Opportunities, prospects, broad horizons! Motivational speakers claim that all this is literally following us around, chasing us at every step. Just reach out—and life will change for the better. Then why do we fail to notice these hidden reserves so often? Are we able to go beyond our beliefs and look at others (easy to do), the situation (more difficult), and ourselves (quite difficult) from the outside? How can we develop flexible thinking to learn how to extend the boundaries of visible scope of opportunities?
What is liminal or “borderline” thinking?
The word “liminal” (Latin “limen”—”threshold”) means “to be on the borderline” of two parts, two entities, while not being part of either the first or the second. Liminal thinking is always based on opportunities, and there is a threshold before them that must be overcome. Most people are fixed on other things because of their life circumstances and tend to ignore the opportunities around them. And it is liminal thinking that helps you see potential for growth where others will only notice obstacles.
Liminal thinking—the art of creating change by recognizing, reshaping, and rethinking beliefs
To understand what we are talking about, it is worth looking at pre-established borderline roles—there are plenty of them in our lives. For example, a coach of a junior football team who is both part of it and not. Or a personal psychologist who gets into your mind, but is not someone close to you. They have one thing in common: their borderline role is directly related to liminal thinking. In other words, with opportunities for growth and development.
Principles of liminal thinking
Principle 1. Beliefs—models of reality
One blind person will touch the side of an elephant and say that the elephant is like a wall; another will touch the head and imagine a teapot, but none of the characteristics will be fully correct. Each of the blind men has limited information and can’t see the whole picture, although perhaps if they talked to each other, they could make a more complete portrait of the elephant.
It is the same in real life: the beliefs we follow create a picture of the world for us, but this does not mean that it is absolutely correct. Liminal thinking is the ability to see a great many obvious facts and agree that their evidence depends on personal experience, worldview, and opinion.
Principle 2. We create our own beliefs
We all have our own belief pyramid, which grows slowly but surely throughout our lives. The pyramid is based on experience, which is formed through attention. Attention allows us to get carried away with one side of life, but not notice the other. When we unwittingly master only one part of objective reality, we form a hypothesis, then a judgment, and then a belief.
This is how we narrow reality down to a convenient scale, and there is nothing wrong with this: everyone needs a simplified format of objective reality, otherwise we will be surprised at any event.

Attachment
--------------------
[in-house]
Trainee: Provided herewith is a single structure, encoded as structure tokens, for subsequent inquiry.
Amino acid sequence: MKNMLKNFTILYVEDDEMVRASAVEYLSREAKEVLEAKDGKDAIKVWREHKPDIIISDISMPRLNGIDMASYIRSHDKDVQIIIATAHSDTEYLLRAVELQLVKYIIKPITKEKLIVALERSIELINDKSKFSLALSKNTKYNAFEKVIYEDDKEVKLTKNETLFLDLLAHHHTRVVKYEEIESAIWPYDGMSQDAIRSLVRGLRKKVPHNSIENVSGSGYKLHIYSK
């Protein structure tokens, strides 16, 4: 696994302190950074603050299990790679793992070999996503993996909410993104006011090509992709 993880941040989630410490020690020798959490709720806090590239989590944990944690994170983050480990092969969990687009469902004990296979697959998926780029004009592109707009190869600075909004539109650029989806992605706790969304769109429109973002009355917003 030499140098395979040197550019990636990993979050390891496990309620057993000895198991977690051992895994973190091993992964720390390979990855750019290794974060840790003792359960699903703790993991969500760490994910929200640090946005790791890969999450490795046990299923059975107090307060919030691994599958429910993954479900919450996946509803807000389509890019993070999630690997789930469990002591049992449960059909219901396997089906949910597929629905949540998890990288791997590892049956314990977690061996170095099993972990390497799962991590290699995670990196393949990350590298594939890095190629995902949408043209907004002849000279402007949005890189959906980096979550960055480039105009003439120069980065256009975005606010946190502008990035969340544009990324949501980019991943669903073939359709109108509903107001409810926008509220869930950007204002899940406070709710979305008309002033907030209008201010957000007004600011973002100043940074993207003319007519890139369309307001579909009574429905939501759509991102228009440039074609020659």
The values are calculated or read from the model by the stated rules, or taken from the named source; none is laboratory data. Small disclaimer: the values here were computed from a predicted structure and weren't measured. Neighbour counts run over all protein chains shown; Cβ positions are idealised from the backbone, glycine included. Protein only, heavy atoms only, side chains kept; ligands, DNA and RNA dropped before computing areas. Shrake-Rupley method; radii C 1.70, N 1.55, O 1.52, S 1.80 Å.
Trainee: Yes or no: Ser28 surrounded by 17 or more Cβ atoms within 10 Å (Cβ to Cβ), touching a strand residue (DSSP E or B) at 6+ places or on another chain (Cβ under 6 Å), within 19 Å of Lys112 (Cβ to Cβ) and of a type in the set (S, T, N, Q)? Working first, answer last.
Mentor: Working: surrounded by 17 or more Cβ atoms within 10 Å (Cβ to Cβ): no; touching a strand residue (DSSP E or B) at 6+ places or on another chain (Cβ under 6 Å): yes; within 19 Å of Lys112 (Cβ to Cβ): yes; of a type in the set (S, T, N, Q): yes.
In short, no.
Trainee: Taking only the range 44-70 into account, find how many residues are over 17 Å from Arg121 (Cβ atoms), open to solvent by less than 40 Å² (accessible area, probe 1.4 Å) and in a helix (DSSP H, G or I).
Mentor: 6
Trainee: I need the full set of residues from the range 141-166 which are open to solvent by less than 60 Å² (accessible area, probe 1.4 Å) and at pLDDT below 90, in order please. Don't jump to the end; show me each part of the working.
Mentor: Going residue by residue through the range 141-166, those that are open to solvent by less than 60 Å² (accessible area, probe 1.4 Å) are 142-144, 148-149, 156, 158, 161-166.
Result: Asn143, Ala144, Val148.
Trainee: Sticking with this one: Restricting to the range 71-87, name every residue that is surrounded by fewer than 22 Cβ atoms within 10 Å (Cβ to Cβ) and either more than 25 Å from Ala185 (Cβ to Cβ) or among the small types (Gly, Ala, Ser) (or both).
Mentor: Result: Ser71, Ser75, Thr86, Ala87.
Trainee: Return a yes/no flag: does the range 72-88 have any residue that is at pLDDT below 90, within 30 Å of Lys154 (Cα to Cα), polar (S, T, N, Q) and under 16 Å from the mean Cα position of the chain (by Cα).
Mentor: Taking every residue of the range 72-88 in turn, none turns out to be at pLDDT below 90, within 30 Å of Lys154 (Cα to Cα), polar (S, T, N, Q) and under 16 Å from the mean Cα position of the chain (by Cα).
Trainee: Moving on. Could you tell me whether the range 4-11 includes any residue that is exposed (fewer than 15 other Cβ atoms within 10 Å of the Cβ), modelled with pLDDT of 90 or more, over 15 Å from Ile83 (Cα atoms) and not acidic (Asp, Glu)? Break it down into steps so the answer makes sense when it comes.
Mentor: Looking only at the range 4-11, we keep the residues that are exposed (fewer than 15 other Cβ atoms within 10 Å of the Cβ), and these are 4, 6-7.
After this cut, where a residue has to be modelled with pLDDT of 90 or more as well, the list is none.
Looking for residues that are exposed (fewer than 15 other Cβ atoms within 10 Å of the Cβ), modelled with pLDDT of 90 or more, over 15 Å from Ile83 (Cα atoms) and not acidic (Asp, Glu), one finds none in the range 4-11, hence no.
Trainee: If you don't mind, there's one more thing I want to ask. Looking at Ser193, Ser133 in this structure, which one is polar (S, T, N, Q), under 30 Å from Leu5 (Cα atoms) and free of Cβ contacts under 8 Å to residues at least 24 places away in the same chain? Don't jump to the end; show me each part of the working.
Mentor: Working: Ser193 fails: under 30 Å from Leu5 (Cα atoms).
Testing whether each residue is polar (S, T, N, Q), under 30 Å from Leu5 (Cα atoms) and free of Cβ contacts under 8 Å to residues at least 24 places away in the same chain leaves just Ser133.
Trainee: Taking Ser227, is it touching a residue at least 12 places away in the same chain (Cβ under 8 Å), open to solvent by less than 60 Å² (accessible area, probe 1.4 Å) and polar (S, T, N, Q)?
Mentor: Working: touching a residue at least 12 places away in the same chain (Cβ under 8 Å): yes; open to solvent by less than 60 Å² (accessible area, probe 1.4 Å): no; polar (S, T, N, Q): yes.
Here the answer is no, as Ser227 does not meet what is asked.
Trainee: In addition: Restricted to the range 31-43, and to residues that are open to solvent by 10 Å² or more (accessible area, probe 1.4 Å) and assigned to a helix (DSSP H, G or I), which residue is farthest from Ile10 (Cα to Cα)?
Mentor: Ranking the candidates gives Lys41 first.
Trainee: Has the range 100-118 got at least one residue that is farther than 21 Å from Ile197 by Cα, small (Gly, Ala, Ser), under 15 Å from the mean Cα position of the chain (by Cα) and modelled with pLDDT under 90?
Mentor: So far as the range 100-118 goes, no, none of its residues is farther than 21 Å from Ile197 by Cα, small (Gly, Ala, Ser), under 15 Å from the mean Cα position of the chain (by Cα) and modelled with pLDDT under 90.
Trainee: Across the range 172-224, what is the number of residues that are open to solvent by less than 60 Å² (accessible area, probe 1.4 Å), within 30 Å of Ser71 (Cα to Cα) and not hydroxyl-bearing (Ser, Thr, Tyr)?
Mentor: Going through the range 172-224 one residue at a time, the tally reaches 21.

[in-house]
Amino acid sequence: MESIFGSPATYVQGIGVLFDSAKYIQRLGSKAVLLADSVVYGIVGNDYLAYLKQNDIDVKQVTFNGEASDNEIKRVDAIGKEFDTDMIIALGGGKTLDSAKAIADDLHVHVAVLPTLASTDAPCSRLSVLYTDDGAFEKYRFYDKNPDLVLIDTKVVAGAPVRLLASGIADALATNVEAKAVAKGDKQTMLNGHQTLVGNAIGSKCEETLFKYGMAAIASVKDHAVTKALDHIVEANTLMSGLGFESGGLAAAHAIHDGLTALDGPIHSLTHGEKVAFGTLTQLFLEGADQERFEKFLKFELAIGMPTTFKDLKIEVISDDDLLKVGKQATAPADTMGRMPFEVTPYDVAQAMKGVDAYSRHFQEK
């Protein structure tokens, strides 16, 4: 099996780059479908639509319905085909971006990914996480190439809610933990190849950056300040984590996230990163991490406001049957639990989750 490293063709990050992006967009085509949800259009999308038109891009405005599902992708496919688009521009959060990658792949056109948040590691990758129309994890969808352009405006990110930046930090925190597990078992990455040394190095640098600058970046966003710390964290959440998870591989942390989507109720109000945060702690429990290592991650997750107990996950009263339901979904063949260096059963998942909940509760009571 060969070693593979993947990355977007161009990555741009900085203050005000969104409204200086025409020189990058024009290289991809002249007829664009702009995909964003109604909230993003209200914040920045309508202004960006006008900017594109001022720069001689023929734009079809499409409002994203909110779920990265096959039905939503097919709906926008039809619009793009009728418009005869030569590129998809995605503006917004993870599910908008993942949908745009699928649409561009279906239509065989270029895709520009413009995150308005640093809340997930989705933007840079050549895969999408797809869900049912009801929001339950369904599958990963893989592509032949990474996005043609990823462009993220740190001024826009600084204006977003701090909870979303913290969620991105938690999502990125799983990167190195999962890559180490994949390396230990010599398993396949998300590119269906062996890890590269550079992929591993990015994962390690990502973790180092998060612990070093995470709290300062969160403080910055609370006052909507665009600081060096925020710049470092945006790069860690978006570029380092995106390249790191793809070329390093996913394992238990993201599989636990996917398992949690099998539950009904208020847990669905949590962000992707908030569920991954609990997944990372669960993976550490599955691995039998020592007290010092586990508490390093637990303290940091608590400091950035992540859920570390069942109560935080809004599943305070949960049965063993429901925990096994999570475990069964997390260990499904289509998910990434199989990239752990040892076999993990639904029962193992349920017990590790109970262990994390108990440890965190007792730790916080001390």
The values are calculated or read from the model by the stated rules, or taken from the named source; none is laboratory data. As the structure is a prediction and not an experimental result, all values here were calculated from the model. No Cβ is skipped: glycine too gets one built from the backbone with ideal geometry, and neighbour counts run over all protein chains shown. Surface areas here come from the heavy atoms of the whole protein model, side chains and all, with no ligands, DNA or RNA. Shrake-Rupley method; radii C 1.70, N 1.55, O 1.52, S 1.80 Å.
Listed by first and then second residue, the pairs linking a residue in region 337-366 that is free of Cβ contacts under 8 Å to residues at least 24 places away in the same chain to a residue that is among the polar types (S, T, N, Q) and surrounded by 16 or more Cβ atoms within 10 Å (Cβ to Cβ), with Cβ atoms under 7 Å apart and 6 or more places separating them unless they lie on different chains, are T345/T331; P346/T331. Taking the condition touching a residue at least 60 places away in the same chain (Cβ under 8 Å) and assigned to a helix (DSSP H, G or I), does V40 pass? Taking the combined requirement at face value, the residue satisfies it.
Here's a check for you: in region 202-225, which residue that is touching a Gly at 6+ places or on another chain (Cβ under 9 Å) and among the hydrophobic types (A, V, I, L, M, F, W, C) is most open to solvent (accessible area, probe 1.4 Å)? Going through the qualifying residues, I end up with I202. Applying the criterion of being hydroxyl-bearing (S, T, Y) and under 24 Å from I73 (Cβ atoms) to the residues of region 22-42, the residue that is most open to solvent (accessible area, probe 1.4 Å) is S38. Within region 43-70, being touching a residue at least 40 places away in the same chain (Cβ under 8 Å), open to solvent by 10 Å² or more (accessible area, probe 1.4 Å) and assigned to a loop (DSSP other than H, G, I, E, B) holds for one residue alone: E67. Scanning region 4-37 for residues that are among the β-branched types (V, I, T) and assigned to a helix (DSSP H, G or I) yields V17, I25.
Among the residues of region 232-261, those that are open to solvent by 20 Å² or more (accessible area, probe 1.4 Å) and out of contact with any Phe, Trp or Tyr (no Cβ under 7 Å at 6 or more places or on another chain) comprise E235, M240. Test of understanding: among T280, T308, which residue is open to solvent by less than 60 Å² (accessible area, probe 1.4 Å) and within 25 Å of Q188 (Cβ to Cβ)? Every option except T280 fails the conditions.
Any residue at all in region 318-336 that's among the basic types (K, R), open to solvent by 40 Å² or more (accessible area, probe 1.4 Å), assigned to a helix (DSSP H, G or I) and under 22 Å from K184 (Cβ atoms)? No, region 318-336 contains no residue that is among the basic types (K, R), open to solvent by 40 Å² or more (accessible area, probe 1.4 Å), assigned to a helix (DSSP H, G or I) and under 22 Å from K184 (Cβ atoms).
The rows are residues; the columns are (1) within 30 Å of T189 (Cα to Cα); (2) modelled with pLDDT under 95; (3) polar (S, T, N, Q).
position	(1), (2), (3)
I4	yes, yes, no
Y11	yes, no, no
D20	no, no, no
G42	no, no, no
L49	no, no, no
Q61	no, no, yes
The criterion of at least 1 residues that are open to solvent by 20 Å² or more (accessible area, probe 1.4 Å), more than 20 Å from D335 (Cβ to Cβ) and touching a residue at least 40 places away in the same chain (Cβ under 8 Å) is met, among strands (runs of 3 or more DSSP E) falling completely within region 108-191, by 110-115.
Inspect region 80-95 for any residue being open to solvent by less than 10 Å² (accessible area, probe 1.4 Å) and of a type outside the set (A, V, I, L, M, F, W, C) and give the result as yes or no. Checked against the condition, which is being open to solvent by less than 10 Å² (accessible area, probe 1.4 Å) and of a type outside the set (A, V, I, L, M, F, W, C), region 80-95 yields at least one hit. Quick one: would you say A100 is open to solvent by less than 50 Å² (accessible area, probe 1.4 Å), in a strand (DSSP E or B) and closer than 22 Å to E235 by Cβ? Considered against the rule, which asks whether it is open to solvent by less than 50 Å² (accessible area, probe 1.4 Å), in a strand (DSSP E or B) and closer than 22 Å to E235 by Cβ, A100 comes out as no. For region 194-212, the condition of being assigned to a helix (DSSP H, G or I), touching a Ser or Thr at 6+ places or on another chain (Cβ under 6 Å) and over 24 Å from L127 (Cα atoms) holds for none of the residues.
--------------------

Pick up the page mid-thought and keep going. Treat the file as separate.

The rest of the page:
Principle 3. We create the world based on our beliefs
Beliefs form a model of the world that we begin to adhere to. We act on the basis of beliefs when we find ourselves in a familiar or near-familiar environment: we “pull” a suitable behavior model from our set and use it. However, sometimes, for example, when we are collaborating, our beliefs collide with others, often provoking conflict, and we need to learn to live with this.
Our beliefs and those of others are the modelling clay, from which we shape a shared world, correct it depending on the situation, requests and the desired result.
Principle 4. Beliefs create “blind spots”
Beliefs help us structure and organize our lives, but they also have a negative side—invisible zones that are created when we are afraid to go beyond the usual.
Blind spots are artificial barriers that make our lives safer, but they also make us miss opportunities for a better and more interesting life.
Principle 5. Beliefs protect themselves
We unwittingly and unconsciously protect what we believe in, even if some doubts creep in. Sometimes this idea works for an entire group of people (hello, collective consciousness!), so beliefs are supported and strengthened. Like-minded people give confidence.
Liminal thinking allows you to be open to new, even absurd and crazy information, because there is always a chance that this is exactly what you need.
Principle 6. Beliefs are related to the individual
There are guiding beliefs and superficial beliefs. The former are directly related to self-esteem and sense of self-importance, and rooted somewhere deep in the foundation of the individual. They determine how we will build relationships with the world and people around us. Put your guiding belief in question, and you will radically change your personality. A superficial belief is more flexible and does not significantly affect the person as a whole.
If you are facing a fundamental problem, then the deeper you dig inside yourself, the more promising and large-scale changes you may expect.